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Sales Models, Metrics, and Motions Blog

SDR, AE, and CSM analysis

Sales Models, Metrics, and Motions Blog

Inside Sales Experts Blog


Are You Looking at the Wrong End of the Donkey?

Posted by Trish Bertuzzi on Wed, Jan 29, 2014

If you have your finger on the pulse of Inside Sales, you know that breaking the ‘prospecting’ and ‘closing’ functions into two roles has crossed the chasm. Role specialization is here to stay. 

One of the big benefits is that specialized teams are responsible for a very clear piece of the sales process. You can measure effectiveness, add or subtract headcount, and course correct as needed.

Sadly, it’s not all joy in Whoville.

I’m noticing a concerning trend. More and more often, when revenue goals are missed, companies look at their Sales Development teams and assume that is where the problem lies.

In some instances, it certainly is. But I’d hazard a guess that at least half the time, the problem lies further down the sales funnel – right at the feet of either the Sales Reps or, potentially, the sales process itself.

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Topics: sales process, inside sales management

You're Hired to Lead a Startup, What's First?

Posted by Trish Bertuzzi on Tue, Mar 27, 2012

A few weeks back, I came across this scenario on LinkedIn (slightly anonymized to protect identities).

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Topics: sales process, inside sales management, inside sales strategy

Sales Lessons from 'Angry Birds'

Posted by Janet Stucchi on Fri, Feb 17, 2012

The Angry Birds phenomenon continues to grow. Not content with being the most downloaded app in 2011, the game is headed to Facebook. For those of you unfamiliar, here's the game's trailer. (In short, Angry Birdsplayers control a flock of birds attempting to rescue eggs that have been stolen by a group of evil pigs.)

Sounds crazy, but I can tell you that - it is addicting! So, how does this relate to Sales?

1. Be prepared – focus on your target

To win in Angry Birds, you can't waste birds by just flinging them out there and hoping to knock something down. Instead, you want to isolate a single part of the structure and strategically fire at it until you destroy it. In Sales, it is equally important to understand the structure or sweet spot you want to “attack”. In other words, knowing your Ideal Customer Profile (ICP).

Many times, CEOs & VPs of Sales will tell me, "Our ICP is the Fortune 500." My internal response is to hope they get hit in the head with a flying bird. The F500 is not a sweet spot - it is a huge target that can swallow up your resources without gaining any traction.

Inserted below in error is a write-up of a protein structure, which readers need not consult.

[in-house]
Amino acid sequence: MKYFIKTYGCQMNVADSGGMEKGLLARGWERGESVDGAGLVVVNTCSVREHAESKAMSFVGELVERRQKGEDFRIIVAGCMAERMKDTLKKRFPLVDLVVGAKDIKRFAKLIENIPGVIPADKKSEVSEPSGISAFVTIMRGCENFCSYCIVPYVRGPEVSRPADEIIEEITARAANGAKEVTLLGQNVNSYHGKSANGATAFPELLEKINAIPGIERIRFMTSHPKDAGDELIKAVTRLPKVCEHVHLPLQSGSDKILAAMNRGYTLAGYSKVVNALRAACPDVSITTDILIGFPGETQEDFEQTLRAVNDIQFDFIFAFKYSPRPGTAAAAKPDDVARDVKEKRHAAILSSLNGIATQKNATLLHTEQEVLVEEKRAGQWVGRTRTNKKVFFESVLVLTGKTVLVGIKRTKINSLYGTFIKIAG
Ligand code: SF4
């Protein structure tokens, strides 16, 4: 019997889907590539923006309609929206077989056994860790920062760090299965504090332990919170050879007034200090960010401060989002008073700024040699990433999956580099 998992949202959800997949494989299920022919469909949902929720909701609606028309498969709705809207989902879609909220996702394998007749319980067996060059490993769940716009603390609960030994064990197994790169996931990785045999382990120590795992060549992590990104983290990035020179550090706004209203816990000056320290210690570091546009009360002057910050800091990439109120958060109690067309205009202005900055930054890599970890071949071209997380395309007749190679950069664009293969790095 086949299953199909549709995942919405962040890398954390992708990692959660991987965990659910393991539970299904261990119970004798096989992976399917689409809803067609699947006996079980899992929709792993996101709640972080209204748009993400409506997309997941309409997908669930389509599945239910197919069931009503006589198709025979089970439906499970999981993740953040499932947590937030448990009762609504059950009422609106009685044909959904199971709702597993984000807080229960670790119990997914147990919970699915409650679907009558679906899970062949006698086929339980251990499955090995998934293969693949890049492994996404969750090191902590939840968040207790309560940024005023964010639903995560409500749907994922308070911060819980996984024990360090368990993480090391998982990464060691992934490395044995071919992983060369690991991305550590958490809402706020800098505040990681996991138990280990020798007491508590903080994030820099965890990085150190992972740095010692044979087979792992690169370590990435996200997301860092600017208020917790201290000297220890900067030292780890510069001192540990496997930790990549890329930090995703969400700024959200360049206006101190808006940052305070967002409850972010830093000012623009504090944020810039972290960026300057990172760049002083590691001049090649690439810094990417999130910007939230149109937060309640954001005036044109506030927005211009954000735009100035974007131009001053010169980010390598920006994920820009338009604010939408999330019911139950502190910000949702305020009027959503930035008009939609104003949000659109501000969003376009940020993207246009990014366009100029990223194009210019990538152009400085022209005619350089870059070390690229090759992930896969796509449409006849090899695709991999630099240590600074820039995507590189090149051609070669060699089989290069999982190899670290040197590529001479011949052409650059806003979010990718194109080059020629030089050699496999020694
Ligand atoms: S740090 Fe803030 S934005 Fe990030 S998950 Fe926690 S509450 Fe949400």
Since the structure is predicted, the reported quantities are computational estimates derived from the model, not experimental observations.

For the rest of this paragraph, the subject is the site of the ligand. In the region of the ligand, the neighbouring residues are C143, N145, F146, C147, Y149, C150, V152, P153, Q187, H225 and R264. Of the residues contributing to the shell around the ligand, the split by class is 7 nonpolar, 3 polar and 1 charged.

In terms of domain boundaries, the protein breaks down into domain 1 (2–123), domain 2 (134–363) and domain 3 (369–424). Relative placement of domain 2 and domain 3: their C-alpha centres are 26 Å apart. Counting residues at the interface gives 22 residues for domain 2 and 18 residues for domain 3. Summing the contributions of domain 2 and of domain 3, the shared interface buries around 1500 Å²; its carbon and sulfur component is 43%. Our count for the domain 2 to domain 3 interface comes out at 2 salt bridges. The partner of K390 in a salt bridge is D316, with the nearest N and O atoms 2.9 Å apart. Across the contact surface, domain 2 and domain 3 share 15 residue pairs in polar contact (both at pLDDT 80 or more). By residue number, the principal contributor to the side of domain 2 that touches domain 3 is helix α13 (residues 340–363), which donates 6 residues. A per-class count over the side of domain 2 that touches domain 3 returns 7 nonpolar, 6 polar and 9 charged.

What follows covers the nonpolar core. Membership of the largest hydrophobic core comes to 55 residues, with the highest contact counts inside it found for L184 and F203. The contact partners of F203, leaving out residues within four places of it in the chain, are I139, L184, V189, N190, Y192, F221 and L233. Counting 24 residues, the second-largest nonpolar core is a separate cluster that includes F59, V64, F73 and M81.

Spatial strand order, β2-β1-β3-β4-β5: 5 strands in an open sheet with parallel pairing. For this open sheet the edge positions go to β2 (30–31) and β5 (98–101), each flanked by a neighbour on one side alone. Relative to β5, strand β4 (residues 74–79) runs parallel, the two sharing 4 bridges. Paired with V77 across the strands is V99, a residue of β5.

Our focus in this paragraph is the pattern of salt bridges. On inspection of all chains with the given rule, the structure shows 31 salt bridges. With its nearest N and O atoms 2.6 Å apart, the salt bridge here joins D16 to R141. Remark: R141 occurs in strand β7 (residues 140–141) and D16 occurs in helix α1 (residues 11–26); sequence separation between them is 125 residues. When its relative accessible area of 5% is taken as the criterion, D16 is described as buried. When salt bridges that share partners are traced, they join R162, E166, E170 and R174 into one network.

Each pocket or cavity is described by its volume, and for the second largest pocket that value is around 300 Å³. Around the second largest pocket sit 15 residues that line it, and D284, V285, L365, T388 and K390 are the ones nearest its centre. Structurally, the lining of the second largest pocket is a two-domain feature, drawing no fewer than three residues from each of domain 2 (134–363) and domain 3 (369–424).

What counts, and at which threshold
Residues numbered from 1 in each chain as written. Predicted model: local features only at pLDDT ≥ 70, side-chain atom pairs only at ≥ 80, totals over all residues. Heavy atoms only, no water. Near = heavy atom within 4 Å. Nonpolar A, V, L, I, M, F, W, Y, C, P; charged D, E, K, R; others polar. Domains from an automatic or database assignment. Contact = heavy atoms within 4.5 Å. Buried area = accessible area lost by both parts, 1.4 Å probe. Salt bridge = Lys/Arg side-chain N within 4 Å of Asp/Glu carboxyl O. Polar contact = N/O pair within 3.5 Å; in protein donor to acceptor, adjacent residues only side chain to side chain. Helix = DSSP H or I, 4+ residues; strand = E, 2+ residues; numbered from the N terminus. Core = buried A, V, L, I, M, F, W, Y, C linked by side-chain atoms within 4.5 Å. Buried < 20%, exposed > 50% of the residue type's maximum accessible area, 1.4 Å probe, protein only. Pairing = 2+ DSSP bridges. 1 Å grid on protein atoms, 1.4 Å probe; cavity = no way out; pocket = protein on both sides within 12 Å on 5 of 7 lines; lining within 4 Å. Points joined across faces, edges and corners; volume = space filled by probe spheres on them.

Give some thought to the commonality where you've already had sucess. Is there a revenue size or # of employees where your message resonates best? Must other technologies to be in place for you to succeed? What functional areas must you target to launch the sales process?
Before you deploy your team, be sure you have identified your ICP.

2. Launching - hire the right people for the job

Now that you know where to aim, determine the right bird for the job. Since each bird has a different talent, you must deploy the correct one against certain obstacles. For example, launching a big red bird at a straw hut would be overkill; while launching a blue bird at a concrete structure would be like trying to use a feather to knock down a steel-reinforced door.

What skills must your Reps have in order to succeed? Strong time management skills to handle lots of transactions? Great message-tailoring skills to work deals with multiple stakeholders? Great detective skills to profile accounts and find the right contacts?

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Topics: sales process, inside sales management, target marketing

Prospecting Post-Mortem: 23 Sales Processes Reviewed

Posted by Matt Bertuzzi on Tue, Apr 26, 2011

Having Sales Reps prospect me is one of the most eye opening parts of my job.

Being a quant type of guy (nerd might fit too), I decided to track & categorize the sales processes that Reps have put me through over the last few weeks.

Here’s what I saw:

23 sales processes
13 sent a single email
6 added 1 call to the email
2 executed a generic 3+ touch process
2 executed 4+ touches (and sounded like they knew about my concerns & day-to-day role)

By my math, that's a less than 9% of Reps doing something more than drive-by prospecting. This left me wondering, what is it that drives 1 Rep to commit to a process – where 9 others fall short?

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Topics: sales process, lead generation, lead qualification

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